I vividly recall Tony Blackburn playing Planet Earth by "Durran Durran" as he pronounced it. (or was it "hungry like the wolf"?) At the end of the song he had to apologise for not saying the band's name correctly because so many people had rung in to complain. "Of course I did know the correct name it was just a slip of the tongue". Even at that tender age I knew he was lying.

The next step up was when I got my first radio cassette recorder, made by Binatone, that giant of the hi fi world. For the first time in my life I could record from the radio without all the hiss and crackle caused by background noise. I could talk and make noise in my room when I was recording. I became a huge fan of Blondie and had my bedroom walls covered in posters of Debbie Harry. These posters were instrumental in helping me through those "troubled" teenage years. If I ever were to meet Debbie Harry, even though she is about 97 now, I would be embarrassed, shifty and probably very aroused. We went through so much together. I was always touched by her presence.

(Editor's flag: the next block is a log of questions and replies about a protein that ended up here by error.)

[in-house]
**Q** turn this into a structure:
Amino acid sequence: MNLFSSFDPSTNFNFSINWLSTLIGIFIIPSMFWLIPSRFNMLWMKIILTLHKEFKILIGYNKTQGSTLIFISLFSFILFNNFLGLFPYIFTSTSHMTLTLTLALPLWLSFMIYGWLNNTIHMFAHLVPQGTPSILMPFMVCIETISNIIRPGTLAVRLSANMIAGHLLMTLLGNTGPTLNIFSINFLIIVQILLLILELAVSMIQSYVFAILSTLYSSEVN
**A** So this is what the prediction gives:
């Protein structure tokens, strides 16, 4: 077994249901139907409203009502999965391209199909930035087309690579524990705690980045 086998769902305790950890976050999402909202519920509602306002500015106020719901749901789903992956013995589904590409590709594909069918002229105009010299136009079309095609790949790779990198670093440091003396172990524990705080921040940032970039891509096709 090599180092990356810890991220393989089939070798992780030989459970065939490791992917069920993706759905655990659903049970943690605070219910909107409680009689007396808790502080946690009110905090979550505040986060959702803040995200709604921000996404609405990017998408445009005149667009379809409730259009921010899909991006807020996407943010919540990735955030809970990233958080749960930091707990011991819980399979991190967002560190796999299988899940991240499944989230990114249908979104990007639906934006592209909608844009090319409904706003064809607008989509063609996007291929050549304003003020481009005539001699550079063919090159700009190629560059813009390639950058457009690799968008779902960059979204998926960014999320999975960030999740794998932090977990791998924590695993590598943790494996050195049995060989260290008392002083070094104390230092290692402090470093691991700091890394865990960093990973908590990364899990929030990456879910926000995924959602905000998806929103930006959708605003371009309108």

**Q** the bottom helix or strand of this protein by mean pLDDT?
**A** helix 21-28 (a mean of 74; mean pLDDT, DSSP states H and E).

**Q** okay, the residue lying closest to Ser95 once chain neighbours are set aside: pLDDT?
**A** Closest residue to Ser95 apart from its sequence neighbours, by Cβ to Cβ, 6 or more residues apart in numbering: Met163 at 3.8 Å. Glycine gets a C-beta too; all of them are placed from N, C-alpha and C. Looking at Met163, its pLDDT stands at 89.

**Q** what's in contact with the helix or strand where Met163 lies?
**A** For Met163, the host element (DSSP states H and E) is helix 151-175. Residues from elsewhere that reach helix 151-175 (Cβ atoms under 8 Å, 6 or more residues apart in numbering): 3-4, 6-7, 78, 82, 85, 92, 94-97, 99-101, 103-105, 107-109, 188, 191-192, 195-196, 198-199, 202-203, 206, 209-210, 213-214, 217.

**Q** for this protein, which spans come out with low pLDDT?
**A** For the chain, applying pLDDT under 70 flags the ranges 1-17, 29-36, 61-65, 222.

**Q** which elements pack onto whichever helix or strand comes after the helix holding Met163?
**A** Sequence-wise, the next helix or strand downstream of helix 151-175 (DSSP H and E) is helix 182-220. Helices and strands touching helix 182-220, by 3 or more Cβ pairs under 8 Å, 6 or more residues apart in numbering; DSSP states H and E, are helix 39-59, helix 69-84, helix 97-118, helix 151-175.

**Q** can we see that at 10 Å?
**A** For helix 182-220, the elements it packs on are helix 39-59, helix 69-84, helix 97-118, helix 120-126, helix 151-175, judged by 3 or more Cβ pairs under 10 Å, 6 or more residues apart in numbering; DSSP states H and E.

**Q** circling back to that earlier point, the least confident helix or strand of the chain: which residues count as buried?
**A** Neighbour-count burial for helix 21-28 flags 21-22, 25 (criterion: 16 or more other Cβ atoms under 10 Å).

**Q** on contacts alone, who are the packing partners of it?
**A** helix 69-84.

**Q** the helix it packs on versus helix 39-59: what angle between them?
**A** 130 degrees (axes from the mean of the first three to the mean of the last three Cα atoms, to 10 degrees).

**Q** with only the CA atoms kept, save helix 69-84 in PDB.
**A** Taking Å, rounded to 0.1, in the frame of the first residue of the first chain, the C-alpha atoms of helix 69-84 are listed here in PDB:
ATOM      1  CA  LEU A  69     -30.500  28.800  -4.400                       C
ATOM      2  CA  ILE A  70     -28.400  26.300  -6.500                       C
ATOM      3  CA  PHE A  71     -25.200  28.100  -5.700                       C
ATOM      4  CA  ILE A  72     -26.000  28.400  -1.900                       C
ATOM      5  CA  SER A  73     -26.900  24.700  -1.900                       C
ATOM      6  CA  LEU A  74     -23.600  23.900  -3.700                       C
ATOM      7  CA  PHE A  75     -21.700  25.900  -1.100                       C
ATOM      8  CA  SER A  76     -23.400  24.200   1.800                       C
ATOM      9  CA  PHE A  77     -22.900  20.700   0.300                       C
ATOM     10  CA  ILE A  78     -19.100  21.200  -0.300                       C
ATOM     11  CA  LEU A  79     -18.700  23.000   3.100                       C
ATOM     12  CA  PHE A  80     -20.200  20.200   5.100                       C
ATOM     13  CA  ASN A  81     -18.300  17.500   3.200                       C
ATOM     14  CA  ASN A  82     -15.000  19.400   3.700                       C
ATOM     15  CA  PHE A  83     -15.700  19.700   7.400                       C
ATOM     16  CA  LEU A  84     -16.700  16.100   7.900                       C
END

After the Binatone I moved on to a number of different stereos. Of course most of them are scattered around my parents' house these days. In one of the bedrooms that used to be my brother's there is the Dixons' own brand ghetto blaster that kept me going for a while. In a different corner of a different room is a different one that used to be my other brother's. ( different brother too). Somewhere else in the house are some of our records. Singles, albums and 12 inch's (I'm not sure where the apostrophe should go on that one). The Debbie Harry posters are long gone but the marks left by the Blu Tack are still there. As are the memories. I think it's Blu Tack anyway.